But the most interesting element of conversation to me was the relationship between men and women that went deep. He told me he grew up in an era where he felt “no was just no” and that his parents taught him that you only use your hands for women in a loving manner. I told him that I felt men are confused, and lost, because the toxic masculinity that weaves the narrative of male culture is becoming an unwanted and recognized poison, and that men seem to be struggling for how to be. I said that I felt that women grasp the work that needs to be done, but that men are the ones who must put in the hours of emotional labor. He countered that maybe ‘men are just pigs’ (he said this 8 times, I counted), placing the responsibility on the shoulders of how men are raised and taught to value women. I shared the story of my son being suspended for sexual harassment, and the countless times we have discussed consent. We discussed my feeling that women are often taught they should say yes, even when they mean no, as a cultural conditioning that emphasizes self-preservation, something I have experienced myself. He told me he believed that it ultimately falls on a man’s shoulders to ‘know’ if he is wanted emotionally or sexually.
I told him about a movement of men who are not only opposed to the concept of marriage, particularly regarding what they as an imbalance due to alimony, but also take umbrage with issues such as the wage gap, declaring that men often do the dangerous, structural work that builds society, whereas women, as nurturers, have their own distinct place. Of course, this doesn’t account for women who do not wish to nurture, and those who often bang on the door of wanting to do the more complex work that men tout they provide, but are often told no for a variety of reasons. It also doesn’t balance out that yes, men may be providers, but not every woman wants to be dependent on a man.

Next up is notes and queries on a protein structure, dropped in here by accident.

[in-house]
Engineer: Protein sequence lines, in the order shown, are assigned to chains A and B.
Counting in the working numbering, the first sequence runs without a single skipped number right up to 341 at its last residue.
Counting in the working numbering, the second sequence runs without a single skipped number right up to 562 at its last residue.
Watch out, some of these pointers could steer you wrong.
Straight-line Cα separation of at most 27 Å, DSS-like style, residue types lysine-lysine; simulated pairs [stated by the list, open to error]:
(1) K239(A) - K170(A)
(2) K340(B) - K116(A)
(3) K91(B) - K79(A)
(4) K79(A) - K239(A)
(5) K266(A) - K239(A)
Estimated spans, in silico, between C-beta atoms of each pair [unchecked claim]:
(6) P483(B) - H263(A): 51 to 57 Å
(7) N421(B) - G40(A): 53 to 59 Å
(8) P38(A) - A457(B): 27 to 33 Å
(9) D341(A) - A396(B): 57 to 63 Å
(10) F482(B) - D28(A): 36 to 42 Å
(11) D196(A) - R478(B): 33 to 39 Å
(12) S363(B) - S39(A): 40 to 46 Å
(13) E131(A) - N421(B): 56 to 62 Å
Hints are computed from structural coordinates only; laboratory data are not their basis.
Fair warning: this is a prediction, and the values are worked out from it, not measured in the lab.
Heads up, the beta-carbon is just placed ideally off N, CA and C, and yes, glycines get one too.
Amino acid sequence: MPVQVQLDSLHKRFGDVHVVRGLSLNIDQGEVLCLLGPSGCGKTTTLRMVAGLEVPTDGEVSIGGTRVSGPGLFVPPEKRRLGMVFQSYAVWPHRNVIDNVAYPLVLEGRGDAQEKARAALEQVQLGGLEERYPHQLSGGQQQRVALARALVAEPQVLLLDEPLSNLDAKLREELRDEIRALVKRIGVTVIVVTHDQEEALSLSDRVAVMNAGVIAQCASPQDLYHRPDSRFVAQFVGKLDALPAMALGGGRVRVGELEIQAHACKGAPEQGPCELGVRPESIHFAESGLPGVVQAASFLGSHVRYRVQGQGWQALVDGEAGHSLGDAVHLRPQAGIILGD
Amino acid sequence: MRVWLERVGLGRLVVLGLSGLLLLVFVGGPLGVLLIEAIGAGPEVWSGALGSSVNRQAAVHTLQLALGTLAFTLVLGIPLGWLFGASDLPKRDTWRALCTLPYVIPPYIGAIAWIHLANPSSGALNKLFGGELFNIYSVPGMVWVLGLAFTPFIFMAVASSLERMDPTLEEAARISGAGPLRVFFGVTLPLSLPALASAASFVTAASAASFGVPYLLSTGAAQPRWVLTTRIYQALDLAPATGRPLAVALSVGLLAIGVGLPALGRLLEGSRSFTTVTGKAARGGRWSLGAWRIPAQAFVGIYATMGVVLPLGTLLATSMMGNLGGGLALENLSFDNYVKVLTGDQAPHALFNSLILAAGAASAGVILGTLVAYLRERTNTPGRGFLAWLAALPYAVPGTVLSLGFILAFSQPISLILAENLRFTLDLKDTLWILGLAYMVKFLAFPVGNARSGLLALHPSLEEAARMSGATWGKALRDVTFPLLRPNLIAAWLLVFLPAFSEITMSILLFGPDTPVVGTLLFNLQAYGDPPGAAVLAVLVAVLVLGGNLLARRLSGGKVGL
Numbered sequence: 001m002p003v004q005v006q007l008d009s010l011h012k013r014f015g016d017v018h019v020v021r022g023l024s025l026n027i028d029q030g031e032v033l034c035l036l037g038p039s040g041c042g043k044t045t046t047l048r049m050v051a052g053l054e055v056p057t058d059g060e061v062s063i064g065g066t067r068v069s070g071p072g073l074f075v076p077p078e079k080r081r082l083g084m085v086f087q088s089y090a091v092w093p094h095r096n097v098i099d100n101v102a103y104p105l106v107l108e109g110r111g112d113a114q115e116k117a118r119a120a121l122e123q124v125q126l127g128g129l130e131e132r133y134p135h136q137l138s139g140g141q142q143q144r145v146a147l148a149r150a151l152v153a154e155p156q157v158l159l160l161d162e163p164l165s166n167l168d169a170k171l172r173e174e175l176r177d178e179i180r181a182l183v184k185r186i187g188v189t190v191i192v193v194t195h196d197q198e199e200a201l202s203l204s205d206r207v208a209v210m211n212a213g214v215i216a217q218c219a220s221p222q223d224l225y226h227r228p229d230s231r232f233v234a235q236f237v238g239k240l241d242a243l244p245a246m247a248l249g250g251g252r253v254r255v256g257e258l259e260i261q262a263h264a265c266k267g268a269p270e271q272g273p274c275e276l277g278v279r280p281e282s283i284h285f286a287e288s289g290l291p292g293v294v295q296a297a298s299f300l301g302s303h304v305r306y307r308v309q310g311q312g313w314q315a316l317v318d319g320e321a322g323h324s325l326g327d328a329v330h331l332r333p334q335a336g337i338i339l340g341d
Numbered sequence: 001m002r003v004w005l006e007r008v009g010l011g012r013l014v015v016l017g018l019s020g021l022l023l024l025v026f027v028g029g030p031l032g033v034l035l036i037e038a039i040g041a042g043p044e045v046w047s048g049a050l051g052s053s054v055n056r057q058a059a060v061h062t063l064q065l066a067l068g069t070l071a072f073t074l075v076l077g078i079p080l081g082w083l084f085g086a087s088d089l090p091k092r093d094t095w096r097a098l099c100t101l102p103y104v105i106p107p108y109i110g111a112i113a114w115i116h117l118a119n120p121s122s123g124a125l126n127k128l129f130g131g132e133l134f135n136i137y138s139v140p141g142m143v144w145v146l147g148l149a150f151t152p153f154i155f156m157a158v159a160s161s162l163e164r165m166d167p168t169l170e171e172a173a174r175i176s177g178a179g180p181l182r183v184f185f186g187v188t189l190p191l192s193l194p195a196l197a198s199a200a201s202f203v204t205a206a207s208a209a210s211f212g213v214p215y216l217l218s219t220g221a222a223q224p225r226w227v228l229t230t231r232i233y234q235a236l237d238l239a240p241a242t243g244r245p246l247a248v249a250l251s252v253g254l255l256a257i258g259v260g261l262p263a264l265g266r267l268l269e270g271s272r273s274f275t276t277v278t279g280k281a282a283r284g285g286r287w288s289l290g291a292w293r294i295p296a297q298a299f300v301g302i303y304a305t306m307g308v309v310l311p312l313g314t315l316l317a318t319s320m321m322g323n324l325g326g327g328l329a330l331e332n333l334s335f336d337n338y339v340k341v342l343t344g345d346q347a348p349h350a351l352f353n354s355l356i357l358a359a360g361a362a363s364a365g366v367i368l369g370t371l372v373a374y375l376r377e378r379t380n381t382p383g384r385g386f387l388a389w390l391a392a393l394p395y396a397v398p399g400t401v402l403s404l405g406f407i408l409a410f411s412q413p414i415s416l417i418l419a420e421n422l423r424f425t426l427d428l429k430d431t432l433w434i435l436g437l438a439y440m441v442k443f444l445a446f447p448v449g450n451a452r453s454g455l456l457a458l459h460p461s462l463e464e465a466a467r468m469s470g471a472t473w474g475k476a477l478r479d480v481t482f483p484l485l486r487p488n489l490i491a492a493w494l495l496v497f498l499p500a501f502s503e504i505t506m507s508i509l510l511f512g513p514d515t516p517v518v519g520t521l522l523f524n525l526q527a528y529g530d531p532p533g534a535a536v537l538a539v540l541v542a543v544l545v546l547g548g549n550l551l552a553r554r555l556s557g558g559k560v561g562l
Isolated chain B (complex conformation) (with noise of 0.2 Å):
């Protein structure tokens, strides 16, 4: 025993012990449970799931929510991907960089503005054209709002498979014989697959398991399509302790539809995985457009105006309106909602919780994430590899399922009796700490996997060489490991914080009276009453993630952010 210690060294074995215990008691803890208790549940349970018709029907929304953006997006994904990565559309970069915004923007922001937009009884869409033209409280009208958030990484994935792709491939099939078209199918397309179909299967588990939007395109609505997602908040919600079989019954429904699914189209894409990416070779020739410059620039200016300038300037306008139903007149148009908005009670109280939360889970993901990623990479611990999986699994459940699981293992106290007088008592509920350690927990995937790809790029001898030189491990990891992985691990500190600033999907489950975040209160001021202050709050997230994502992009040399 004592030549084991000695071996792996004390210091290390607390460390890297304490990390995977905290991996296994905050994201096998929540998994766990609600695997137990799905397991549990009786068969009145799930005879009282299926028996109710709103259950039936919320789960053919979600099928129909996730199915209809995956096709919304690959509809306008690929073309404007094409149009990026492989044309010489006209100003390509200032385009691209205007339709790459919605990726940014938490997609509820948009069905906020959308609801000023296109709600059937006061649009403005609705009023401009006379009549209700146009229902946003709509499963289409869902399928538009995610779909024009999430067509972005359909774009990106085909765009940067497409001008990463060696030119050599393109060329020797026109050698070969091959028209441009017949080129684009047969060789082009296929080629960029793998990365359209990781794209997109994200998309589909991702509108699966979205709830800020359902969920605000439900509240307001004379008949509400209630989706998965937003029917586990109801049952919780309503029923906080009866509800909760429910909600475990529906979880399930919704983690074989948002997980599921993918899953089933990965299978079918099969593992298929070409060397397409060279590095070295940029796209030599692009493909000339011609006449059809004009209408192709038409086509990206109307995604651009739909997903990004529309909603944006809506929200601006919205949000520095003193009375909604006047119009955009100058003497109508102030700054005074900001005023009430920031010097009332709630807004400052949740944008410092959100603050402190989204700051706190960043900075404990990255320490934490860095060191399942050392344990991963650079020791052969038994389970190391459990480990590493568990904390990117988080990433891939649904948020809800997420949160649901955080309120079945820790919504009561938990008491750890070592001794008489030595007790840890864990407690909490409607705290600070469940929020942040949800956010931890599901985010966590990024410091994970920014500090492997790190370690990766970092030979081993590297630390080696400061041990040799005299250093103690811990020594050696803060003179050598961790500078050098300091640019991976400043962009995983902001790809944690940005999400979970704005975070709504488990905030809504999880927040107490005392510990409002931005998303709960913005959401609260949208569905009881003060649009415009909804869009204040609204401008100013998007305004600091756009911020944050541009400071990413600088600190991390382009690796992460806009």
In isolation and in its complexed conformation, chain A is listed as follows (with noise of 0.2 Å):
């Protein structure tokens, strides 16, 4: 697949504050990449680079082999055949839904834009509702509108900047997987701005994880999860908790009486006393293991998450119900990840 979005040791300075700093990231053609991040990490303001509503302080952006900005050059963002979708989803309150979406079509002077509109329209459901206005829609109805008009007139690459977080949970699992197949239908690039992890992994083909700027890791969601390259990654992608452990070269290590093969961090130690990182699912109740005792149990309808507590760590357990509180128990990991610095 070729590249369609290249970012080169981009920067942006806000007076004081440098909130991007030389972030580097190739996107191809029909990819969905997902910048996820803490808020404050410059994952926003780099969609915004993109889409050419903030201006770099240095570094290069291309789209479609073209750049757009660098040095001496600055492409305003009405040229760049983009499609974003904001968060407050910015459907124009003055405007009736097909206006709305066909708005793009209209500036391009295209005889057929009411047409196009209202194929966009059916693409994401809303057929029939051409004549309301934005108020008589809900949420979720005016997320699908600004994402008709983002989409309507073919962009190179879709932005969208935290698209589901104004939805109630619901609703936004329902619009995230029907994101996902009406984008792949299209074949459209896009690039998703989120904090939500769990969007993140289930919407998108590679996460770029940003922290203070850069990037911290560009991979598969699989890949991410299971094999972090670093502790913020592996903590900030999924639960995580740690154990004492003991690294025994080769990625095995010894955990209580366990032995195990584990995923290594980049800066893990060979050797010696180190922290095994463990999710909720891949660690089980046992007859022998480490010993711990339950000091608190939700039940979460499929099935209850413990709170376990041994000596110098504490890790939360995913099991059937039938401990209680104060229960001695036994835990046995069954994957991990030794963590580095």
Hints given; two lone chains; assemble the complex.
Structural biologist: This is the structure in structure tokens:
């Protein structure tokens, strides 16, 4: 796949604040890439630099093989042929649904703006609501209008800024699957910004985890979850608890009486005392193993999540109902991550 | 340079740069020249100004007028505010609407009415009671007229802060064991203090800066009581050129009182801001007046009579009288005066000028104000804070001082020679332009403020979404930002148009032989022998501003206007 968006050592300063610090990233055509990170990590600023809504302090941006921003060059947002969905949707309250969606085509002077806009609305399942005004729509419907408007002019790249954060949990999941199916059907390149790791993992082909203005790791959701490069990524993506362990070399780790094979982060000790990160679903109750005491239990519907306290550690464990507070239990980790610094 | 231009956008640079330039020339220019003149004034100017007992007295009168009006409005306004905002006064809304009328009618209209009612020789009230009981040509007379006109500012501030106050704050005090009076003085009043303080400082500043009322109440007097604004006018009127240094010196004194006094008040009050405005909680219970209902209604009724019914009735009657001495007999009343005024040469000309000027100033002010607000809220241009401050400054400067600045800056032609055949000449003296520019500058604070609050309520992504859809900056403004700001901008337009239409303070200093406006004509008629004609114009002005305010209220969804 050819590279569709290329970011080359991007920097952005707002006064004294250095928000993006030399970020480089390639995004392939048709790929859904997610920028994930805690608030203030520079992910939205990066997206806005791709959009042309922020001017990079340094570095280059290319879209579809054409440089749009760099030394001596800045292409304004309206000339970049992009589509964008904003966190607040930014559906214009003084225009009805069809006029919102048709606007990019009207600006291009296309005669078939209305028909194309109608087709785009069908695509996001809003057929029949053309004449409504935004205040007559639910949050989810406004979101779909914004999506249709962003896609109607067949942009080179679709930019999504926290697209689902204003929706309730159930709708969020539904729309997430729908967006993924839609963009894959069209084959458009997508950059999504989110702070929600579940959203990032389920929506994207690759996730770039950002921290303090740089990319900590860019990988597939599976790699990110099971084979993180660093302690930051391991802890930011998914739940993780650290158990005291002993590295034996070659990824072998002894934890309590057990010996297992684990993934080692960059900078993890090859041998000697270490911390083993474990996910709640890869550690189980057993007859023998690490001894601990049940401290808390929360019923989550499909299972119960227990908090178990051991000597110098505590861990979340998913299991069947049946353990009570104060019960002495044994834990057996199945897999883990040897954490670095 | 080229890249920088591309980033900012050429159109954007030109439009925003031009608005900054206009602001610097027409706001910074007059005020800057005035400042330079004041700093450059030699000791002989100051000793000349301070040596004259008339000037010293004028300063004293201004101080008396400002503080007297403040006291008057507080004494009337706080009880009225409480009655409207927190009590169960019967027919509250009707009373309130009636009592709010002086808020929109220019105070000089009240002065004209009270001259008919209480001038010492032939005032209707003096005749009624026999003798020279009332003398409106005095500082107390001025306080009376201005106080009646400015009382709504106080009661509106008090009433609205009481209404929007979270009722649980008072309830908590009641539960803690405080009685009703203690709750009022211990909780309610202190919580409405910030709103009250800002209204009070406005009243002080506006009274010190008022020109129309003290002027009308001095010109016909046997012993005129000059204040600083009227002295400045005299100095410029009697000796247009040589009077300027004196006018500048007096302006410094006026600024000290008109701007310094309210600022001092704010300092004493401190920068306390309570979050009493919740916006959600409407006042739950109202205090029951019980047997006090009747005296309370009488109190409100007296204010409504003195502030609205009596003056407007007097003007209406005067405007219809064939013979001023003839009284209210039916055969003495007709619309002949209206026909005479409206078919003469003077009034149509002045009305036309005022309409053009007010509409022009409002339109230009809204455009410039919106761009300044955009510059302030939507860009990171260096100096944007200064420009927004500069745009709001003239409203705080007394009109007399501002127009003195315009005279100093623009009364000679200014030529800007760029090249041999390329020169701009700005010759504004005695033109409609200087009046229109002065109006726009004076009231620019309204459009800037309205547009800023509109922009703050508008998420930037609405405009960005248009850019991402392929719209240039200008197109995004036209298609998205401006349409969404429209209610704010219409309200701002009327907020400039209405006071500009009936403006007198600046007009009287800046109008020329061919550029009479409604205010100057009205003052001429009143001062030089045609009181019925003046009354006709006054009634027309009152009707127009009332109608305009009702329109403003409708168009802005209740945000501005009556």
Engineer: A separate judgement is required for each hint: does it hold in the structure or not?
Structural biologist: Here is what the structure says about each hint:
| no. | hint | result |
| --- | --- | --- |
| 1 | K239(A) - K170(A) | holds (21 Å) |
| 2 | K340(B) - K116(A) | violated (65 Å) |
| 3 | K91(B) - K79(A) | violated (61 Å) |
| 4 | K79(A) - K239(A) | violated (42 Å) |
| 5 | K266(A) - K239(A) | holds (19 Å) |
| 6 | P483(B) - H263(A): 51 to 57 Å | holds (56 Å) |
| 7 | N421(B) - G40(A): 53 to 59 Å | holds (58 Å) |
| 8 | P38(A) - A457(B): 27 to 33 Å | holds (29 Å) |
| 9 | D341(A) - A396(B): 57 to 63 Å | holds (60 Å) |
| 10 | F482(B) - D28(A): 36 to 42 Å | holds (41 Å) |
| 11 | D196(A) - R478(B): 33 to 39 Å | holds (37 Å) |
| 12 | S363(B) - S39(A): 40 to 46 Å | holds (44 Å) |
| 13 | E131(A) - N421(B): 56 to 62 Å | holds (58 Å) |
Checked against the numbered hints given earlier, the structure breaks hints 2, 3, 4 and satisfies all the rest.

This led us to get into the nitty gritty of inequity versus inequality. I told him that I felt we may never find ‘equality’ and that I am not sure that we should strive for that, as women and men each bring different things to the table, intellectually and emotionally. However, inequity is an issue that needs attention, as it constantly puts women at a disadvantage financially and regarding positions of power. We discussed equity in the military, and how women may be able to perform the same duties, but he didn’t feel that they should necessarily do the same work. He told me how they have done studies that show that men react differently to watching women fall in combat than they do men. The gist is that men struggle with watching women injured, and want to hover, which can be dangerous in the field. He told me that he would prefer women be nurses and accountants in the military, and I asked him about women having the right to determine their own way. “But if she understands the potential danger, and is capable, isn’t it her choice?”